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Proceedings Paper

Compression of the photoprobe is effective in reducing Hb signals of the frontal skin in near infrared spectrophotometic cerebral tissue oximetry
Author(s): Eiichi Chihara; Toshikazu Shiga; Kazuhisa Tanabe; Yoshifumi Tanaka
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Paper Abstract

The cutaneous hemoglobin of the forehead can contribute to near infrared spectrophotometric cerebral tissue oximetry in both light scattering and absorption. Wide distance between the light source and detector was theoretically proved to increase substantial signal from cerebral tissue, however increase in signal to noise ratio was practically undesirable. The tight compression of the probe onto the head expels the subcutaneous blood, which is supposed to improve cerebral signal detection. The spectrophotometric effect of probe compression with a head band was examined by NIRS monitor having temporal resolution of 10 Hz which provided detailed information in tissue hemoglobin signals including pulsatile fluctuations. The measurement for healthy volunteers was done in both supine and sitting positions. The oxygenated Hb and total Hb levels significantly decreased with probe compression in supine position. Compared with pre-compression state, the amplitude of Oxy-Hb pulsation was reduced to 61.0 +/- 10.0 (mean +/- SD)% in sitting position, and 53.3 +/- 68% in supine position (p < 0.01). The postischemic hyperemia was also observed in every measurement. The results indicate that cutaneous blood in the scalp significantly contributes pulsatile Hb signals in cerebral NIRS, and probe compression is a good measure to reduce scalpel effect especially in supine position.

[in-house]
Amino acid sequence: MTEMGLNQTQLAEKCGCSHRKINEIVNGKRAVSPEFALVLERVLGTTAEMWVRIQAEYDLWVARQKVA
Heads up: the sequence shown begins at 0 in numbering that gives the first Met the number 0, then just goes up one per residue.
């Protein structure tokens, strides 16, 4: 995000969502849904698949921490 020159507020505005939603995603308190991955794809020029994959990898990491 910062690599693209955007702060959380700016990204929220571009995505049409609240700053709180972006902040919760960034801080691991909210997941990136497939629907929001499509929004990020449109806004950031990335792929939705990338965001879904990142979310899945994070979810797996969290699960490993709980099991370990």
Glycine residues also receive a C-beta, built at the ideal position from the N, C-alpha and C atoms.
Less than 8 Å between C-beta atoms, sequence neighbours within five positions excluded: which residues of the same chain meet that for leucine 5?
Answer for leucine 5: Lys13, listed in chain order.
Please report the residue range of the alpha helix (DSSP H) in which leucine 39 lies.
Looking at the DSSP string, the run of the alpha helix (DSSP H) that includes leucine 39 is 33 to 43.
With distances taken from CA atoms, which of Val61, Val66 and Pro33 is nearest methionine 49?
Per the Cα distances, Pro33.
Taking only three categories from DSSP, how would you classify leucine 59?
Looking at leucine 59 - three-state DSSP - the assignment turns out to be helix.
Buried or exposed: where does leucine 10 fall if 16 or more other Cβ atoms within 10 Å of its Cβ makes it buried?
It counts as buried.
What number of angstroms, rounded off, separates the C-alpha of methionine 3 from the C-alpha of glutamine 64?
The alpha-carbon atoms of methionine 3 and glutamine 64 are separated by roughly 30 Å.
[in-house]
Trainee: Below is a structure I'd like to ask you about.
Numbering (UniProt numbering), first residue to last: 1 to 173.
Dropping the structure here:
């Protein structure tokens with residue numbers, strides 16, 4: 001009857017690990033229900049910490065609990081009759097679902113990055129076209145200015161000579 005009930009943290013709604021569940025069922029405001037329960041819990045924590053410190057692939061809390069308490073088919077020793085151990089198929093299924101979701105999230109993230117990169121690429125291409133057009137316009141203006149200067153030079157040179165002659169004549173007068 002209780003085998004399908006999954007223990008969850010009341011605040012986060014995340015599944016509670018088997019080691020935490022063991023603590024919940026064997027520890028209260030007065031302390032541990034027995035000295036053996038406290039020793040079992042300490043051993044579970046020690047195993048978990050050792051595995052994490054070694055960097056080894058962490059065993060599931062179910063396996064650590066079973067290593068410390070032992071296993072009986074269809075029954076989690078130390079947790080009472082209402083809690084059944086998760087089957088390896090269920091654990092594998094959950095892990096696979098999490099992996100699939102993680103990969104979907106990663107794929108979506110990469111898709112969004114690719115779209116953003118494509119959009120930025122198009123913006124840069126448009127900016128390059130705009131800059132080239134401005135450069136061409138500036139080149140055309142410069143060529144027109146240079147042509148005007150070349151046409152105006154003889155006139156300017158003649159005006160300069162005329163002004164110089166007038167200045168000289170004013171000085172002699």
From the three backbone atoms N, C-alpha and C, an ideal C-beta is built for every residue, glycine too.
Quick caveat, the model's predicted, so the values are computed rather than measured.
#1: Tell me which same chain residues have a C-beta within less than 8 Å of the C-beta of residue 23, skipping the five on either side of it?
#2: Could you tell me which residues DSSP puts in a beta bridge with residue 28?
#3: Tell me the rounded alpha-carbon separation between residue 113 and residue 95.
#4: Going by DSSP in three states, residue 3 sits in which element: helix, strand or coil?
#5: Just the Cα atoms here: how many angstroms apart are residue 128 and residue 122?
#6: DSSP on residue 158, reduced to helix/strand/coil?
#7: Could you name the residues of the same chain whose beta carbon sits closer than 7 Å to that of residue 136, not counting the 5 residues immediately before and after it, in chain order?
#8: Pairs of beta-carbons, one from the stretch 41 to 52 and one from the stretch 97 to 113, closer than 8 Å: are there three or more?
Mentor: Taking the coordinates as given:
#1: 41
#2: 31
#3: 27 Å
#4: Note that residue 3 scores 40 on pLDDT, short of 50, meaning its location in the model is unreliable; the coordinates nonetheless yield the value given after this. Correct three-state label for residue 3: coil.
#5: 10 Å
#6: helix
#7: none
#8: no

Paper Details

Date Published: 1 January 1998
PDF: 10 pages
Proc. SPIE 3194, Photon Propagation in Tissues III, (1 January 1998); doi: 10.1117/12.301086
Show Author Affiliations
Eiichi Chihara, Meiji Univ. of Oriental Medicine (Japan)
Toshikazu Shiga, Omron Institute of Life Science Co., Ltd. (Japan)
Kazuhisa Tanabe, Omron Institute of Life Science Co., Ltd. (Japan)
Yoshifumi Tanaka, Kyoto Prefectural Univ. of Medicine (Japan)


Published in SPIE Proceedings Vol. 3194:
Photon Propagation in Tissues III
David A. Benaron; Britton Chance; Marco Ferrari, Editor(s)

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